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Ildebrando PIZZETTI (1880-1968)
Symphony in A (1940) [43:21]
Harp Concerto (1958, 1960) [21:33]
Margherita Bassani (harp)
Orchestra Sinfonica Nazionale/Damian Iorio
rec. Auditorium RAI Arturo Toscanini, Turin Italy, 23-26 Sept 2015 NAXOS 8.573613 [65:14]
Pizzetti's only symphony shares a point of origin with Britten's Sinfonia da Requiem. It was commissioned by the Japanese Imperial government to play its part in marking the 2600th anniversary of the accession of the island chain's first Emperor. Another work with the same provenance is Richard Strauss's Japanese Festival Music. The Pizzetti and Strauss appear to have been acceptable to the commissioning government while the Britten - with its Requiem movement titles - was not.
The Pizzetti Symphony is in four movements. There are two large outward-facing statements riven with discontent and conflict. These are in keeping with the spirit of the times. They buttress two substantial but shorter inner movements. The music is tense and charged with foreboding but there's little to be heard in the way of victory: no braggadocio and no victors' swagger.
The first movement breathes turbulence and tension. It has a touch of Vaughan Williams' Fourth Symphony about it. The word Concitato (agitated) appears in two of the movement titles and is a true indicator. The music is certainly not dissonant. It is athletic, full-sounding and not at all neo-classical. An occasional fleck of hope relieves the storm-clouds. Muted fanfares are part of the scenery but a darker message is barked out at 8:50. An anomalously tender serenade can be heard at 10:00 but tumbling fury meets valour in trumpet fanfares at 12:10. After this an exhaustion-induced gentle answer turns away anger. The music takes on an ecclesiastical note before a stuttered protest.
The second movement is an Andante tranquillo which picks up on the singing 'churchy' aspect of the previous movement. There are some trudging interventions but these are mixed with whispered violins giving the impression of high alpine pastures.
Next follows a playful, light-textured Rapido which is the shortest of the four movements. The lighter message remains stippled with anxiety in keeping with the work's overall mood. This continues in dominance. Even so we get moments of true exultation for first time at 2:48.
The last movement runs to 13:50. It starts as another Andante, as did the first. The mood is heavily suppressed but soon an understated march enters with angular glassy writing for romantic strings which seem to aspire to the light. More turbulence is on the menu at 9:00 and violence confronts the high mountain pastures. Something approaching a confident strut surfaces but gradually atomises. The Symphony ends with that same reverent ecclesiastical glow. It's almost Mahlerian - but Pizzetti is not about to give us an ending in bombast. Instead serenity hangs over the Symphony's last moments.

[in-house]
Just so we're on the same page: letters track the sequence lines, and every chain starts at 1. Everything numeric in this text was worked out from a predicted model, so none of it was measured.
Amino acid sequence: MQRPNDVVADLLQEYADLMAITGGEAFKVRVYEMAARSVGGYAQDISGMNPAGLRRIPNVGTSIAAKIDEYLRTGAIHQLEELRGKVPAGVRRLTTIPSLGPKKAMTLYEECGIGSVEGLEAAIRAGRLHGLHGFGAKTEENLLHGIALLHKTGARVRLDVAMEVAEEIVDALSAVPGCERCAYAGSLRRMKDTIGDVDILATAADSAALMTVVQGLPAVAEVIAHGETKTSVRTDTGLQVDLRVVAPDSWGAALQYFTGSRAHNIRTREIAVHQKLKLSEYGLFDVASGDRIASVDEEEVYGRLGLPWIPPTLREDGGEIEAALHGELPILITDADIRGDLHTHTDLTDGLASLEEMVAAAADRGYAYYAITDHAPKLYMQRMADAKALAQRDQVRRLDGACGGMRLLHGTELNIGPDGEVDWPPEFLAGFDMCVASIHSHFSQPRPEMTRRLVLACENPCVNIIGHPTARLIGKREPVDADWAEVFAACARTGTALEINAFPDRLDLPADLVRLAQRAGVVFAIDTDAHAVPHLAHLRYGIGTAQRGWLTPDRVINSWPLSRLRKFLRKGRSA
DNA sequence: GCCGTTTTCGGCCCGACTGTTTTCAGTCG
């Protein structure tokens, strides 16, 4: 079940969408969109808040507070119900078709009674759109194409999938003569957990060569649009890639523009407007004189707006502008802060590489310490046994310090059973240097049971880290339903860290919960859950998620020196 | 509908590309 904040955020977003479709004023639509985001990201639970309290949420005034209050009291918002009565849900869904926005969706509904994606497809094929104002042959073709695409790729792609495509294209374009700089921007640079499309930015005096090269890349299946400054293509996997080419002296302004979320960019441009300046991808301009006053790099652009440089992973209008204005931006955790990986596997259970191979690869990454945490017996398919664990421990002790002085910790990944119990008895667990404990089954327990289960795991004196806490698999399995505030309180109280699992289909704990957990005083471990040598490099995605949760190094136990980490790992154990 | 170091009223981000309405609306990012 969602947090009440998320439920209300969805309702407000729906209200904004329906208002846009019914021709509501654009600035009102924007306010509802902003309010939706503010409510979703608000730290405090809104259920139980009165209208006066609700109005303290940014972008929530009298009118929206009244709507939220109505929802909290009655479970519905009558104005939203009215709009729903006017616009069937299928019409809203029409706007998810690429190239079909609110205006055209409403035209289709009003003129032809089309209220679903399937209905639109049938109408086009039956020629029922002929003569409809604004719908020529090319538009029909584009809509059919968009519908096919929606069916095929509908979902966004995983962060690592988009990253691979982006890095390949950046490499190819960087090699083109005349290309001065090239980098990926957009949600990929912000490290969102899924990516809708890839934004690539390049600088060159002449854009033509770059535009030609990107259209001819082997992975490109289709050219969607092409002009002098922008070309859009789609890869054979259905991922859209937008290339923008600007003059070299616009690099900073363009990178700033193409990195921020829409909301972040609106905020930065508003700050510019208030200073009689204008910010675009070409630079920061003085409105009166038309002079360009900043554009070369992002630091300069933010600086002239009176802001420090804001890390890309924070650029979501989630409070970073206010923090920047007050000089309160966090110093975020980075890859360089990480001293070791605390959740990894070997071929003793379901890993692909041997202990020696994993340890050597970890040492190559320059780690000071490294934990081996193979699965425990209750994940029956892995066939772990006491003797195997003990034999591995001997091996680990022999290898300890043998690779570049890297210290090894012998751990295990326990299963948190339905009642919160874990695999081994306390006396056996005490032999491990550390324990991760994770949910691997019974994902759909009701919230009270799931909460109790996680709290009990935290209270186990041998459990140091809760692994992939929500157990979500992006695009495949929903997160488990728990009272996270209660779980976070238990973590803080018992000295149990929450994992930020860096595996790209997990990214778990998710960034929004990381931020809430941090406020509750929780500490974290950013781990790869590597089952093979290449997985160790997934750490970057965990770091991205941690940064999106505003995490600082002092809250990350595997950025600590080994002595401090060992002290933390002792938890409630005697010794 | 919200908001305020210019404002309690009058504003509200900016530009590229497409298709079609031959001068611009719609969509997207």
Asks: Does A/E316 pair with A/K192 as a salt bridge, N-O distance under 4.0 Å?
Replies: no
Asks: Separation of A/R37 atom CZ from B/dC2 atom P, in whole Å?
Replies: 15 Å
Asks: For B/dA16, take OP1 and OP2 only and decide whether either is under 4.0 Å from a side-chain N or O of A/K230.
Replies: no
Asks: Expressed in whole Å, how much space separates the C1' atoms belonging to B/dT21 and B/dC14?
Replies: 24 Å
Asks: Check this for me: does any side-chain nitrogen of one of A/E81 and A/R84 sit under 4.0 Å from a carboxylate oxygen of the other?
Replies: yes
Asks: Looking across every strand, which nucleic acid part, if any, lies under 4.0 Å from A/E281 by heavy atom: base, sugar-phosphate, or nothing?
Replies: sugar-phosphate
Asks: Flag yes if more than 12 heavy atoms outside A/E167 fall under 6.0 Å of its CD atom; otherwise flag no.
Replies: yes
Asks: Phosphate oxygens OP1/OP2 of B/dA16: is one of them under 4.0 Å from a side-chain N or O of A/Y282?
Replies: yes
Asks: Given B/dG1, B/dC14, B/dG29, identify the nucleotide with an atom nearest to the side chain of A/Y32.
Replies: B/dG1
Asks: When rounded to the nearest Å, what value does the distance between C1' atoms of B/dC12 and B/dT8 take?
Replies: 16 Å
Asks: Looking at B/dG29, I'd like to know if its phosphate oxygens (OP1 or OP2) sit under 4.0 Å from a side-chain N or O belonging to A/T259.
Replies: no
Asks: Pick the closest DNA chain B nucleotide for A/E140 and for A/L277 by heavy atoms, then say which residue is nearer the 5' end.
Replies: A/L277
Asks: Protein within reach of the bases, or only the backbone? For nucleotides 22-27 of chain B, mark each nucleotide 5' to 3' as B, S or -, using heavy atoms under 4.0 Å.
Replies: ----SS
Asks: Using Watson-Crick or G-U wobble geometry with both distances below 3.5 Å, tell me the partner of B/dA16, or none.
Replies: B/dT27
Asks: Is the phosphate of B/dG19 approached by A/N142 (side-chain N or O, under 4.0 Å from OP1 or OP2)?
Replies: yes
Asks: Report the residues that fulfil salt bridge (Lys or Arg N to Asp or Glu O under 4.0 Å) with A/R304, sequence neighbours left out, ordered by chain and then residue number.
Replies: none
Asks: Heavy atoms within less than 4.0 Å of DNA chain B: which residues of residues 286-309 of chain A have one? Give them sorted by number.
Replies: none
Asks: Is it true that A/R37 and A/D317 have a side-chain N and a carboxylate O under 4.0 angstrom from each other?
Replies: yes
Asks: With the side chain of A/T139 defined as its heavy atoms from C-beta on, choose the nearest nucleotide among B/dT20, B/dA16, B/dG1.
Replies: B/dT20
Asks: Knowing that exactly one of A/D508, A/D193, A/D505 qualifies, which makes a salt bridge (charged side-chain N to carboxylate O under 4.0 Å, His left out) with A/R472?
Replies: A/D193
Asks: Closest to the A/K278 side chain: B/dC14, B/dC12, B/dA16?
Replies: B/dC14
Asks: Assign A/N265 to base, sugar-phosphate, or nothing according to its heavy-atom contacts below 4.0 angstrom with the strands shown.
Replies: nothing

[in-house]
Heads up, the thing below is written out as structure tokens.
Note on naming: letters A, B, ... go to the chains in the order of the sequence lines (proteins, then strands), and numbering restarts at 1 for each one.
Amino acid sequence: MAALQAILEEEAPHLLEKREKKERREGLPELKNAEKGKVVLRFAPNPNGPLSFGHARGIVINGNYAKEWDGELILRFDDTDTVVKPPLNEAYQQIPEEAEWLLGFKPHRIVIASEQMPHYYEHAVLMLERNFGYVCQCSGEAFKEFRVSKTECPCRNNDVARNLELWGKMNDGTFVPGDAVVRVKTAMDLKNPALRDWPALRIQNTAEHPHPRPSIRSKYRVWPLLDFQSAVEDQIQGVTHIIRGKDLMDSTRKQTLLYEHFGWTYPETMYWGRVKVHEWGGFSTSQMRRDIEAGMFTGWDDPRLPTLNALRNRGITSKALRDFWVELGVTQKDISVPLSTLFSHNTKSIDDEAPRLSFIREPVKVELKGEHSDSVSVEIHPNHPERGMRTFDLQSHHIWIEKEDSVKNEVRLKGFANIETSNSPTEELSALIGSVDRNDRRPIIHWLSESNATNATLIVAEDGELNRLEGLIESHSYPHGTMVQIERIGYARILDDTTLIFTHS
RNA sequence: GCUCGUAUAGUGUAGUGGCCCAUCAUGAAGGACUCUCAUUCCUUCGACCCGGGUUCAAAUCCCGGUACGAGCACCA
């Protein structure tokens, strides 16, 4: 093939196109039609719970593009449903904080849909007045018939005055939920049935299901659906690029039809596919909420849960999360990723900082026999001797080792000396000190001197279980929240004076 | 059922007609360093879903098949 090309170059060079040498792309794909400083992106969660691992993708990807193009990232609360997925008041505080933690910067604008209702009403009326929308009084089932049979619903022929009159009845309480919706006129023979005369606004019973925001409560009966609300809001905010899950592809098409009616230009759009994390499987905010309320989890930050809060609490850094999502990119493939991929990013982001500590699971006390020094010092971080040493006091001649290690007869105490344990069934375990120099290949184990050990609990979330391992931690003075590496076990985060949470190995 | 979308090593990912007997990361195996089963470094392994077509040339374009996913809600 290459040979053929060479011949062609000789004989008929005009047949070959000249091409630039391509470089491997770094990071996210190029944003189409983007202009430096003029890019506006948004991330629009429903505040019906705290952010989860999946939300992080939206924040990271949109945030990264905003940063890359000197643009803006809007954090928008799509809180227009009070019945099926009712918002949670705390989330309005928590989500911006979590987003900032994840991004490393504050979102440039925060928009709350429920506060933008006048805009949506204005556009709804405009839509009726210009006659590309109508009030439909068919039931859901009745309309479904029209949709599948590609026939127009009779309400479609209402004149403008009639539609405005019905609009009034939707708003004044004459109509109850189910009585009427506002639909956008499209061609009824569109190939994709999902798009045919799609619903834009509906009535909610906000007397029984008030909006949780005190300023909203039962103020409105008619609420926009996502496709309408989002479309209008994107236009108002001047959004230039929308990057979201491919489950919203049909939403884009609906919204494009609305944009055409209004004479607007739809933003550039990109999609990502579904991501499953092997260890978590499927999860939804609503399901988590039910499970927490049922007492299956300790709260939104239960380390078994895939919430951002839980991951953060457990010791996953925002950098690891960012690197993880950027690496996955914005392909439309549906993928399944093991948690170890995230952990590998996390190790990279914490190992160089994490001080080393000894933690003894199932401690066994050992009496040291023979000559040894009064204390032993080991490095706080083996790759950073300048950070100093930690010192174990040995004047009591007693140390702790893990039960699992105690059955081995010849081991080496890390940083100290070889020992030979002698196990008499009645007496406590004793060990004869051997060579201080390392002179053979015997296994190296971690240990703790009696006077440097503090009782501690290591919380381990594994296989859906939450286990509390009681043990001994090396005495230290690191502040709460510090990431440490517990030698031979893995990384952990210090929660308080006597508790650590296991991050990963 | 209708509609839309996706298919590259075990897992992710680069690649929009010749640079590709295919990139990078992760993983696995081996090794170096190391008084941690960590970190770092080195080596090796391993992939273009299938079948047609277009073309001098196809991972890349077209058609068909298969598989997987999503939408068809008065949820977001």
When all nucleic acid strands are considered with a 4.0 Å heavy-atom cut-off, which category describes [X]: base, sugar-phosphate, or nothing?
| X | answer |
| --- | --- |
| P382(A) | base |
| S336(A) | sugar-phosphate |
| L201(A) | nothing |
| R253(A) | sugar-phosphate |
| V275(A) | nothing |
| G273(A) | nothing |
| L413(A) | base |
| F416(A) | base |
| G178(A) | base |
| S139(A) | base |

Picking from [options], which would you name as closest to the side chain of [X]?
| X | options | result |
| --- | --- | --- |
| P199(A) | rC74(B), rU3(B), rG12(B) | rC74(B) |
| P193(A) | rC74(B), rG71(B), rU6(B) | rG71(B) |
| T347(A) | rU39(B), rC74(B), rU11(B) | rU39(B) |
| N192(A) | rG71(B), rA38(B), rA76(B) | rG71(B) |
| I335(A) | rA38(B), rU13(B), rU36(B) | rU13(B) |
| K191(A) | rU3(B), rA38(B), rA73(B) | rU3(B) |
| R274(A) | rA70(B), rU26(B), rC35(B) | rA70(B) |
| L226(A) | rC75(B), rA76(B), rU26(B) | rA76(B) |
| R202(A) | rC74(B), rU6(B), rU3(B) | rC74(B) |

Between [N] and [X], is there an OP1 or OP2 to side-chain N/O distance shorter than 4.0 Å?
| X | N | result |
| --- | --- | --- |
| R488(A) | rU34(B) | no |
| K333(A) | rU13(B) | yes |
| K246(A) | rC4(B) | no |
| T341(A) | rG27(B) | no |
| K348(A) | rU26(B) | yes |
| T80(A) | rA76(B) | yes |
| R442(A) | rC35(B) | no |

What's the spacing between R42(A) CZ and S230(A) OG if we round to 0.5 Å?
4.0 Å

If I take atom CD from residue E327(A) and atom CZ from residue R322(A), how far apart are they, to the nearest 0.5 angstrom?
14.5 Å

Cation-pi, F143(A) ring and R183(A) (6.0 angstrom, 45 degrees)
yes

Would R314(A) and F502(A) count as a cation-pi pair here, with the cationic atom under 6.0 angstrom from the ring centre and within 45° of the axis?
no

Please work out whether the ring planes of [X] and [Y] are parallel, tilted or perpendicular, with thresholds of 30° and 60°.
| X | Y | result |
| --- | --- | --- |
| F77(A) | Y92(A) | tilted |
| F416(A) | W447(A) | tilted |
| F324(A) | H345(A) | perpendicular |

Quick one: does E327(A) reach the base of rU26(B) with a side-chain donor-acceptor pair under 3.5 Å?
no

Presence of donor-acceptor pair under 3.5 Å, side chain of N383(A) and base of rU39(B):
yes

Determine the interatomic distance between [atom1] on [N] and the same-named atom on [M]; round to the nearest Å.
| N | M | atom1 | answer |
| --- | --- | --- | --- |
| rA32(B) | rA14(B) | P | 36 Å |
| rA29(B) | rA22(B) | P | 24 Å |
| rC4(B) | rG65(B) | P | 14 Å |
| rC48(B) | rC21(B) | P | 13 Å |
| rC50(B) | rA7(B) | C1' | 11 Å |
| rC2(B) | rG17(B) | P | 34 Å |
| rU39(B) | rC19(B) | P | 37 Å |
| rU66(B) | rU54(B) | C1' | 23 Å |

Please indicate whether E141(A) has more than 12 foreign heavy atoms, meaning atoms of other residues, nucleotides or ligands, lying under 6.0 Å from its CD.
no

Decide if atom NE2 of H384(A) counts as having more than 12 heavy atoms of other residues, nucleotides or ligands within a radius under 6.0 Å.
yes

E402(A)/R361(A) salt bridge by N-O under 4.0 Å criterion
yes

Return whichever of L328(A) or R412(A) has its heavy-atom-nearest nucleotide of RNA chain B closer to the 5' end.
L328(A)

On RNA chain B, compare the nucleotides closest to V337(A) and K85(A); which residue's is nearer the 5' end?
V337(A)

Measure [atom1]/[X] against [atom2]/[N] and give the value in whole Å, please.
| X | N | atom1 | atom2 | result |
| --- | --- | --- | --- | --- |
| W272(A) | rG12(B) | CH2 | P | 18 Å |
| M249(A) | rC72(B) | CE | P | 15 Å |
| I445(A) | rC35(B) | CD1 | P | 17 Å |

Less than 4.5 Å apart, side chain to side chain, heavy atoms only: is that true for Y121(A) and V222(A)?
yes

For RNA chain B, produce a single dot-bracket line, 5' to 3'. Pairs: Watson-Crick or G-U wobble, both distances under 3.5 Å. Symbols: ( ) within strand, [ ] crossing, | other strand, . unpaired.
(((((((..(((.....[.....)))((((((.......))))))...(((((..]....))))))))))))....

The Symphony was premiered in Tokyo in December 1940 with conductor Gaetano Comelli. It seems that a recording was made by Japanese Columbia. On 78s it must have been a weighty tome of an album given the score's duration.
Written twenty years later, Pizzetti's Harp Concerto is in three movements. Written for one of Italy's leading harpists, Clelia Gatti Aldrovandi (1901-1989), it is launched by a smilingly warm, even sybaritic, Andante. The aural palette is cleanly weighted with the redolence of Ravel's Introduction and Allegro sweeping in. A calming blessing of a work, this extends into the placid blossom-hung second movement although there are some shivers, tremors and grey clouds. The finale is a lively Allegro moderato but this too draws breath to absorb the views (2:20). It reminded me a little of Alwyn's Lyra Angelica but the Pizzetti is lower key although summery enough. The finale carries a few wintry flurries.
The Naxos Italian orchestral series continues to push out the boundaries of appreciation of Italian music. The whole thing is a joint venture with RAI.
Across seven pages the liner-essay is one of the label's best and its range of reference is widely cast by David Gallagher. It is in English only. Gallagher explores the symphony's Japanese connection and other commissions of the time.
The recording quality, without being overly glamorous, splendidly serves the music and these fine committed performances. This is unusual, provocative and satisfying music owing a debt to Naxos for allowing it to step out into the open air.
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